• US digital health expert outlines his preliminary thinking about his review exclusively to HSJ
  • Professor Wachter is discussing a shakeup of the role of NHS chief clinical information officers
  • He indicates there is a need for changes to financial and regulatory incentives

The US digital health expert advising the government on NHS technology has given a firm steer that he may call for a substantial shakeup of the role of chief clinical information officers.

Robert Wachter set out the direction of the review, which he was asked to carry out by health secretary Jeremy Hunt last year, in an exclusive interview with HSJ.

Robert Wachter

Robert Wachter

Professor Wachter worked for the NHS for six months in 2011. He said it was an “amazing once in a lifetime opportunity” to carry out the review of a health system he described as a “jewel”.

He said his work was at an early stage but that his review group was “grappling” with several “overarching challenges”. These include clinical engagement; financial and regulatory incentives; and the balance between central and local leadership.

He suggested there needed to be a significant rethink of the role of chief clinical information officer in the NHS, to drive digital adoption.

“I do think [the role of CCIOs and how to engage clinicians] will be an important direction to make recommendations in,” he said. “Allowing [the CCIO] workforce to grow and be certified, potentially, and be validated. It’s not the whole answer but it’s going to be a piece of the answer.”

Professor Wachter, who is currently interim chair of the department of medicine at the University of California, San Francisco, explained that in the US this “cadre of people… the connectors between clinicians and technology people” were viewed as “essential” to successfully deploying technology.

CCIOs in America are lauded like “rock stars” and given senior executive roles in their organisations, he said, but in the NHS they were “not particularly well supported [and have a] relatively lower status in terms of who they report to and how they are compensated”.

Asked if he thought there needed to be a national CCIO, Professor Wachter said this was an “interesting idea” but that the “more striking deficiency is on the ground” at individual trusts.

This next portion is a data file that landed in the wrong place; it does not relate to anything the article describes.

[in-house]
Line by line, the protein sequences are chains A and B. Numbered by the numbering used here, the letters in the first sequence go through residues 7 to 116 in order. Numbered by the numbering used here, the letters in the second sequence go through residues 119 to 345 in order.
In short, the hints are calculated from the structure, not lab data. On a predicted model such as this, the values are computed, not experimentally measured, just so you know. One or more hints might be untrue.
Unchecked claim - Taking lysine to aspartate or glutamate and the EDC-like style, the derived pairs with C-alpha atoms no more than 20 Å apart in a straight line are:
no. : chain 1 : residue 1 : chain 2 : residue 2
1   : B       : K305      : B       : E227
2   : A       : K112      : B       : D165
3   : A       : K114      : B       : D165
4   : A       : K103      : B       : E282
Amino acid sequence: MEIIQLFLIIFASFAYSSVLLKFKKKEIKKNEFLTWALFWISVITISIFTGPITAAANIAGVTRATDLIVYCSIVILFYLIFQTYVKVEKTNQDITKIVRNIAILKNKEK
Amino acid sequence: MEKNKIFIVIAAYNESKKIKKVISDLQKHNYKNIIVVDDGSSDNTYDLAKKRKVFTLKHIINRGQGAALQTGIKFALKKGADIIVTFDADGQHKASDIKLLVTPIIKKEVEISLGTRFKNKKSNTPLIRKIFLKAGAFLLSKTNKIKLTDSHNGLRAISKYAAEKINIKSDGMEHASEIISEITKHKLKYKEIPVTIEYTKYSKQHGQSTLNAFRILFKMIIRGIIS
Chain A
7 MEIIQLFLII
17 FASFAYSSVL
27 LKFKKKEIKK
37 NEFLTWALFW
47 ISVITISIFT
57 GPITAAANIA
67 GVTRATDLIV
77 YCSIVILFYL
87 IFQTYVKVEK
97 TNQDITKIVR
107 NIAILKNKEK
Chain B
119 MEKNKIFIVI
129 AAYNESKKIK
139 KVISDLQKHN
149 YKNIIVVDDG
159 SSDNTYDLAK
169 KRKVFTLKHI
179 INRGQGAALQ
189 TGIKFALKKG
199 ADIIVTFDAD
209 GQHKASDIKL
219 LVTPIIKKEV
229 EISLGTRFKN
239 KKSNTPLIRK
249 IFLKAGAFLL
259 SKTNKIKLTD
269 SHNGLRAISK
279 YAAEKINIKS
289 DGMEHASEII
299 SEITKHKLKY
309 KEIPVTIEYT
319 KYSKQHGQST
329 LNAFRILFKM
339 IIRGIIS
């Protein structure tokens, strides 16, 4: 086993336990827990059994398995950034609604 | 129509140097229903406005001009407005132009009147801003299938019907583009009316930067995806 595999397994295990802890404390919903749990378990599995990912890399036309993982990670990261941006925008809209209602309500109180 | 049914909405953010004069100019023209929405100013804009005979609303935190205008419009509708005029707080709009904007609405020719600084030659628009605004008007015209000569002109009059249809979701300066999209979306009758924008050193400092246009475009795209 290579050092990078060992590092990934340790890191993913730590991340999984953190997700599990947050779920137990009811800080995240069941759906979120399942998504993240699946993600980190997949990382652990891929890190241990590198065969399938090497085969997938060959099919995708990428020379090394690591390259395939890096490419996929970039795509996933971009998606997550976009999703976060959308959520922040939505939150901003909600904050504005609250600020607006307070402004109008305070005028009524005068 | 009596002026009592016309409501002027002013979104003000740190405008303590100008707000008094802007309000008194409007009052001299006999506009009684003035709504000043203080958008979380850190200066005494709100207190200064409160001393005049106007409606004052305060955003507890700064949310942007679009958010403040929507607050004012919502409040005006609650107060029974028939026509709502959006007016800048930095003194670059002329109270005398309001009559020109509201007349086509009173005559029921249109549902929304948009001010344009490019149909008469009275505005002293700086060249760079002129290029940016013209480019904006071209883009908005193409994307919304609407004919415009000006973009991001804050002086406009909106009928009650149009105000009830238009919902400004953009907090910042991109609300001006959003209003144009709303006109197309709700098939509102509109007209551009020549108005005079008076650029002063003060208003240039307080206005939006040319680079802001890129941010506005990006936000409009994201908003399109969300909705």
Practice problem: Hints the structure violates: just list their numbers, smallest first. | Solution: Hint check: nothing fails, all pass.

He spoke to HSJ ahead of the publication today of the terms of reference for the review (see box, below). They specify “a particular focus” on the role of clinical engagement in achieving the government’s target of an NHS whose services are paper-free at the point of care by 2020.

Addressing another of his “overarching challenges”, Professor Wachter suggested that NHS financial and regulatory incentives needed to be “flipped” to encourage hospital chief executives to embark on digital projects. They could be offered “protection” even if there was a “slightly bumpy rollout” of an IT project.

Another areas of focus will be the “tricky balance” between pushing the digital agenda top-down from the centre, and allowing it to be locally driven, he said.

Professor Wachter said that – while he recognised the national programme for IT of the 2000s was too top-down – there were areas, such as setting core standards and funding, where the centre could play an important role.

As exclusively revealed by HSJ last month, he has assembled a team of leading international experts to advise him. He said he had taken advice from his “hero and mentor”, the world renowned quality improvement expert Don Berwick, who carried out a similarly rapid review for the NHS on patient safety.

He said he wanted to follow Professor Berwick’s example of putting together an advisory group which had a mixture of international, including US experts, but was primarily UK led and with strong patient advocates.

“This could not be, or be seen to be, a bunch of folks from the US telling the UK how they should do their work,” he said.

Like Professor Berwick, Professor Wachter and his team are working for free, although they will be compensated for expenses such as travel.

Professor Wachter’s book, The Digital Doctor, was published last year to acclaim among health policy and informatics experts on both sides of the Atlantic.

The Wachter review terms of reference

The terms of reference (see full document attached) say the review will: “Inform the English health and care system’s approach to the further implementation of IT in healthcare, in particular the use of electronic health records and other digital systems in the acute sector, to achieve the ambition of a paper-free health and care system by 2020.”

They state: “It will have a particular focus on issues around successful clinical engagement with implementation.”

Professor Wachter and the advisory board will:

  • Review and articulate the barriers to implantation of IT in the health and care service, drawing relevant comparisons with the US experience
  • Make high level recommendations about IT implementation
  • Make recommendations on how best to engage clinicians

Evidence will be gathered through a combination of available written evidence, meetings with senior figures in the health and care system, and site visits to trusts with varied experience of implementing IT systems.

Professor Wachter will report his recommendations to Mr Hunt and to the National Information Board in June this year.

Related files/tables

Exclusive: Government tech review to shake-up clinical leadership